III.14 Biodiversity and Ecosystem Functioning 367

III.15 Ecological Stoichiometry 376

III.16 Macroecological Perspectives on Communities and Ecosystems 386

III.17 Alternative Stable States and Regime Shifts in Ecosystems 395

III.18 Responses of Communities and Ecosystems to Global Changes 407

III.19 Evolution of Communities and Ecosystems 414

Part IV: Landscapes and the Biosphere 423

IV.1 Landscape Dynamics 425

IV.2 Landscape Pattern and Biodiversity 431

IV.3 Ecological Dynamics in Fragmented Landscapes 438

IV.4 Biodiversity Patterns in Managed and Natural Landscapes 445

IV.5 Boundary Dynamics in Landscapes 458

IV.6 Spatial Patterns of Species Diversity in Terrestrial Environments 464

IV.7 Biosphere-Atmosphere Interactions in Landscapes 474

IV.8 Seascape Patterns and Dynamics of Coral Reefs 482

IV.9 Seascape Microbial Ecology: Habitat Structure, Biodiversity, and Ecosystem Function 488

IV.10 Spatial Dynamics of Marine Fisheries 501

Part V: Conservation Biology 511

V.1 Causes and Consequences of Species Extinctions 514

V.2 Population Viability Analysis 521

V.3 Principles of Reserve Design 529

V.4 Building and Implementing Systems of Conservation Areas 538

V.5 Marine Conservation 548

V.6 Conservation and Global Climate Change 557

V.7 Restoration Ecology 566

Part VI: Ecosystem Services 573

VI.1 Ecosystem Services: Issues of Scale and Trade-Offs 579

VI.2 Biodiversity, Ecosystem Functioning, and Ecosystem Services 584

VI.3 Beyond Biodiversity: Other Aspects of Ecological Organization 591

VI.4 Human-Dominated Systems: Agroecosystems 597

VI.5 Forests 606

VI.6 Grasslands 614

VI.7 Marine Ecosystem Services 619

VI.8 Provisioning Services: A Focus on Fresh Water 625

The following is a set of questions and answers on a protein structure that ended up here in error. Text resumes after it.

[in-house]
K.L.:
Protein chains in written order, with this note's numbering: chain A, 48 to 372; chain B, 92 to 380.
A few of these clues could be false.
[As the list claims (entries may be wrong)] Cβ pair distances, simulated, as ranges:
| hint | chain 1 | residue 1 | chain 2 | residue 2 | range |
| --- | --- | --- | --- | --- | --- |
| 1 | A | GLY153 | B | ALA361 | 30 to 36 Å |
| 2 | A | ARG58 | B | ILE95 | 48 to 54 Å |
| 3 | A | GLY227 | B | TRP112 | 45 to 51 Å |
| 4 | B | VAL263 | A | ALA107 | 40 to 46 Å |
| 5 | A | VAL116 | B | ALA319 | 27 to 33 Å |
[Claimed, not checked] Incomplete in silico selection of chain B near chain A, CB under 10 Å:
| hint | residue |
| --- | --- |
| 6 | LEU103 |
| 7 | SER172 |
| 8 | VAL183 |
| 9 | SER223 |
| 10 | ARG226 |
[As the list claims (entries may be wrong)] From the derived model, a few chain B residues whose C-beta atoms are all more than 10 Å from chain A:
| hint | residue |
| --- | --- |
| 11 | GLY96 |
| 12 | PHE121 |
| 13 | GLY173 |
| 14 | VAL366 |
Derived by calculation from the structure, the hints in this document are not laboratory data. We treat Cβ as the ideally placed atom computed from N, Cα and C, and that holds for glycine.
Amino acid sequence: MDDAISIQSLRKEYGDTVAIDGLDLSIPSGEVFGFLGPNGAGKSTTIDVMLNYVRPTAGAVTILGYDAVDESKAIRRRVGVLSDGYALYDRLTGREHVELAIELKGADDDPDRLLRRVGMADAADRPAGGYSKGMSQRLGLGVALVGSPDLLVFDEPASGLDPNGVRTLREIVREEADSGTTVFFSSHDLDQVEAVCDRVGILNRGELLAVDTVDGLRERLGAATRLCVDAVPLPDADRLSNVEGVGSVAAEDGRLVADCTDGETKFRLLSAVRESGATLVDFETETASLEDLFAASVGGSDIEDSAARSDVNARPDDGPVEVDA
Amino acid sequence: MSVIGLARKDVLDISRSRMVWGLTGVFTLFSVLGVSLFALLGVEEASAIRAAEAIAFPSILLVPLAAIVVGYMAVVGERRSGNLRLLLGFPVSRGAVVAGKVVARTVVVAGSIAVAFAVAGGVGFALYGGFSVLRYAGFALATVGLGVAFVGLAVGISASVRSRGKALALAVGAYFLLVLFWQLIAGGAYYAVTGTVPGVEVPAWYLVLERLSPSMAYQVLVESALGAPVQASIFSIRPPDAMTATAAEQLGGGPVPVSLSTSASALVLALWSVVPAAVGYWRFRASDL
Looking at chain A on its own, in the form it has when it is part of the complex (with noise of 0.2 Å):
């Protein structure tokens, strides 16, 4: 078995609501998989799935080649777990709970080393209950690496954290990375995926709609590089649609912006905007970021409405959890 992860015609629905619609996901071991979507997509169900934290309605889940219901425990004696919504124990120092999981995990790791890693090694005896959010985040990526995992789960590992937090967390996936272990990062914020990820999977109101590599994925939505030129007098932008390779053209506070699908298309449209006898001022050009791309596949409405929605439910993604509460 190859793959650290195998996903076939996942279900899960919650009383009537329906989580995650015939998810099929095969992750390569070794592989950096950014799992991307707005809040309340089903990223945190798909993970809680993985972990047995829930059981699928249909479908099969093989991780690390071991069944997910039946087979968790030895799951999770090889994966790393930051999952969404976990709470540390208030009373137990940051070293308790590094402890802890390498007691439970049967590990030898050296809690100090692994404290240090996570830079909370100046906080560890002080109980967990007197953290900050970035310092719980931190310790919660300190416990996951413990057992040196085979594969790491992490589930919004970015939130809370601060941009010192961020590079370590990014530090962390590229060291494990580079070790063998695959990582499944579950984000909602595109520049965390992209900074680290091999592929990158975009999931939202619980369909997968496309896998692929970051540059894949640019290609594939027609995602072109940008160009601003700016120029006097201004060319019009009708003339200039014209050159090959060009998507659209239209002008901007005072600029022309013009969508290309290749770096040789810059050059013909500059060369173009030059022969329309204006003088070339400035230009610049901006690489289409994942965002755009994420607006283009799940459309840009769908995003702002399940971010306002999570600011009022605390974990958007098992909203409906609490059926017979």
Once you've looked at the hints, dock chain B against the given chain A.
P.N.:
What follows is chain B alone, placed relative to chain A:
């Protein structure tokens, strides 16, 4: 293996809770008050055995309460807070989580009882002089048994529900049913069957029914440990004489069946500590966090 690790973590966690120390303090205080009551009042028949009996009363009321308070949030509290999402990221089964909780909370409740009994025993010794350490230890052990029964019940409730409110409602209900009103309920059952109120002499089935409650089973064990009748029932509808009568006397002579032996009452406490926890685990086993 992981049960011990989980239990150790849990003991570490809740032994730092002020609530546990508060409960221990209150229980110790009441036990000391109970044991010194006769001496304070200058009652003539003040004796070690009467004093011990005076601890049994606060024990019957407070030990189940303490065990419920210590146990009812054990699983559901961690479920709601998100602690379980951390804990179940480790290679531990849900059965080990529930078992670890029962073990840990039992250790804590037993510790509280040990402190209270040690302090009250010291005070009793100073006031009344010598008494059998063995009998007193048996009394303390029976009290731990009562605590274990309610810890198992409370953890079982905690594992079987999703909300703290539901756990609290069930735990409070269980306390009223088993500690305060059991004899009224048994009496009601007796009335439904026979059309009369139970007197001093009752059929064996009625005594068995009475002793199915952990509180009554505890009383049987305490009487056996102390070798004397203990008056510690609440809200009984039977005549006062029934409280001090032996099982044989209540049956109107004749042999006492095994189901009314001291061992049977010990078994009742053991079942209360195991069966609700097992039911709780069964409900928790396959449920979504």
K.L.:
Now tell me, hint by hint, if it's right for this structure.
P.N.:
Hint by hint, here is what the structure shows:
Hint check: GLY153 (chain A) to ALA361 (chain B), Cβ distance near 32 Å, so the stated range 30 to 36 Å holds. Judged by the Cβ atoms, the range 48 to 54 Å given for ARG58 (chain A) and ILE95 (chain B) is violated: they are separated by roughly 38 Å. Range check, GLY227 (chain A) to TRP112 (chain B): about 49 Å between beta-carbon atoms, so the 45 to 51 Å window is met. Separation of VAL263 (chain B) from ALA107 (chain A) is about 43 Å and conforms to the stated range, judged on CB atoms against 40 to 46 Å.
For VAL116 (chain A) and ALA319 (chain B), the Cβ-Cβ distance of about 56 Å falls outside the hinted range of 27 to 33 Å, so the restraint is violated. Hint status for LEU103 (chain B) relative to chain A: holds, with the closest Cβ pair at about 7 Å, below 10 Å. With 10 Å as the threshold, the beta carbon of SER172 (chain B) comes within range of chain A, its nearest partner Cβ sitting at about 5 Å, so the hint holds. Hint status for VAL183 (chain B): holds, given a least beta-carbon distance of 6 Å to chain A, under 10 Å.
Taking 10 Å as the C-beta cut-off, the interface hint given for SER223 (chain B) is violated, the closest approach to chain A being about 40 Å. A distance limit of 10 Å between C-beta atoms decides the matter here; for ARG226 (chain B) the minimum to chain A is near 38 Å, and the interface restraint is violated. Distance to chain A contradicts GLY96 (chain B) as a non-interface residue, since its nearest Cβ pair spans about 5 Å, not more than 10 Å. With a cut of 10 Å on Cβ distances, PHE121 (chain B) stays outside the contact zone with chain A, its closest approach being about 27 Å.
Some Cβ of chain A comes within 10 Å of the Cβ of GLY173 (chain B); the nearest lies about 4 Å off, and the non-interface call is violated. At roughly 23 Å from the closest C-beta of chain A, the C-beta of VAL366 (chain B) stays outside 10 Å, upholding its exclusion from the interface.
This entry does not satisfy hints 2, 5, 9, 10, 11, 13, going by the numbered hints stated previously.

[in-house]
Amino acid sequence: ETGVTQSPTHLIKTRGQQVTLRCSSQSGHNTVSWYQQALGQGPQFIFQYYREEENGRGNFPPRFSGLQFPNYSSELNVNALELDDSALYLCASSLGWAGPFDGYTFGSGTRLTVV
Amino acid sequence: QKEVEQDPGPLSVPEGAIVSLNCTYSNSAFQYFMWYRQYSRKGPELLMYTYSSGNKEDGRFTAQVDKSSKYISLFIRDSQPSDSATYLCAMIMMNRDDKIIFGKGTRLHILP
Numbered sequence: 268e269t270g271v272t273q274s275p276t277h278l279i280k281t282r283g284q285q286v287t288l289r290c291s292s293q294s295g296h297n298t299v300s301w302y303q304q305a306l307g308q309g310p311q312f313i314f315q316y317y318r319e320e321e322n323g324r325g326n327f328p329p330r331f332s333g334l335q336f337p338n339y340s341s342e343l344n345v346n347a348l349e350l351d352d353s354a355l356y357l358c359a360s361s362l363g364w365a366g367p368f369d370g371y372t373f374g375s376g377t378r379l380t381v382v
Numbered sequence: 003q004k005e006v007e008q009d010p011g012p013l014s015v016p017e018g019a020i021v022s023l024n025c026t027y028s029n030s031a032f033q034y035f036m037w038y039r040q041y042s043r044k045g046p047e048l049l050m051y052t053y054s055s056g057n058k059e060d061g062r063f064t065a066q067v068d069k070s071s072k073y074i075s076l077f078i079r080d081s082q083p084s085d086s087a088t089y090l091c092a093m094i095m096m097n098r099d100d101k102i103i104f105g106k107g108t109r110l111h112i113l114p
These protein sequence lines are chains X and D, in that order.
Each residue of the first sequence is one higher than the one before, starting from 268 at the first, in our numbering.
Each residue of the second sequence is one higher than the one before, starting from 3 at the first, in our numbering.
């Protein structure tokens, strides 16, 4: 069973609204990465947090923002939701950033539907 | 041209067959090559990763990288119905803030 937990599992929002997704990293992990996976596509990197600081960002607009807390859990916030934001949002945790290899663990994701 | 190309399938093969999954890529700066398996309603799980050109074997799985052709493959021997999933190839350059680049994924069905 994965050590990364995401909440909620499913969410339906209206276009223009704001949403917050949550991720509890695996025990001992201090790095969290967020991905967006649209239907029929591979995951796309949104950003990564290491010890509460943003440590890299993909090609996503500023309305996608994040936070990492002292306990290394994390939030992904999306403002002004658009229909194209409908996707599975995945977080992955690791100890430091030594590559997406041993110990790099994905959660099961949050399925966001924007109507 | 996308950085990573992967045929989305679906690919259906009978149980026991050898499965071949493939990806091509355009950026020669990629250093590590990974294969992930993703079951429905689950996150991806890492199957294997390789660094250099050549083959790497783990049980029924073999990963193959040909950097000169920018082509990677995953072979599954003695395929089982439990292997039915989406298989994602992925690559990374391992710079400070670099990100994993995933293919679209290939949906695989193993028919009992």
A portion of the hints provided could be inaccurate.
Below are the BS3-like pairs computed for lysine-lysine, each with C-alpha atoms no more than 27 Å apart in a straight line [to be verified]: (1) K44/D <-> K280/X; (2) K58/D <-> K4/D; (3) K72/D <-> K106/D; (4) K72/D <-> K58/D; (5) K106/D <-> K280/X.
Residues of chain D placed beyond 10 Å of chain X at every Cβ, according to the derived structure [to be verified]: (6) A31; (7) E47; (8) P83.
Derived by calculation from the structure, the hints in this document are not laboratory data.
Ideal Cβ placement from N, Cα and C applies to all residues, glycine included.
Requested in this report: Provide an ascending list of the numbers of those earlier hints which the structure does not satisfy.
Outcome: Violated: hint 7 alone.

VI.9 Regulating Services: A Focus on Disease Regulation 634

VI.10 Support Services: A Focus on Genetic Diversity 642

VI.11 The Economics of Ecosystem Services 652

VI.12 Technological Substitution and Augmentation of Ecosystem Services 659

VI.13 Conservation of Ecosystem Services 670

Part VII: Managing the Biosphere 679

VII.1 Biological Control: Theory and Practice 683

VII.2 Fisheries Management 689

VII.3 Wildlife Management 695

VII.4 Managing the Global Water System 701

VII.5 Managing Nutrient Mobilization and Eutrophication 712

VII.6 Managing Infectious Diseases 718

VII.7 Agriculture, Land Use, and the Transformation of Planet Earth 724

VII.8 The Ecology, Economics, and Management of Alien Invasive Species 731

VII.9 Ecological Economics: Principles of Economic Policy Design for

Ecosystem Management 740

VII.10 Governance and Institutions 748

VII.11 Assessments: Linking

Ecology to Policy 754

Milestones in Ecology 761

Glossary 775

Index 793

What People are Saying About This


This is a synoptic survey of our still-advancing understanding of ecological science. It first deals with fundamental principles, ranging from individual plants or animals through populations and ecosystems to entire landscapes. These principles are then applied in insightful discussions of conservation biology, ecosystem services, and ultimately the sustainable management of our planet's biosphere. The 'autecology' of this book is itself remarkable, as tight editing has drawn together contributions from more than one hundred individual authors into a unified whole. In short, the book is a timely and important one.
Robert M. May, University of Oxford


Essential reading for biologists, social scientists, and all interested in a holistic view of the world, this marvelous collection presents the flourishing state of ecology today and its even more exciting prospects for the future.
Peter H. Raven, President, Missouri Botanical Garden

James Gustave Speth

The Princeton Guide to Ecology is an exciting development because it brings together in one place accessible articles written by the leading experts across the important field of ecology. Ecology has grown and repeatedly subdivided in recent years, but now we have it back together again with this enormously useful framework and compendium.
James Gustave Speth, Dean, Yale School of Forestry & Environmental Studies


A long-needed sourcebook to the science so pertinent to the future, providing rich and eminently readable entries on all aspects of ecology—so valuable that it is hard to imagine how anyone managed without it.
Thomas E. Lovejoy, President, Heinz Center for Science, Economics and the Environment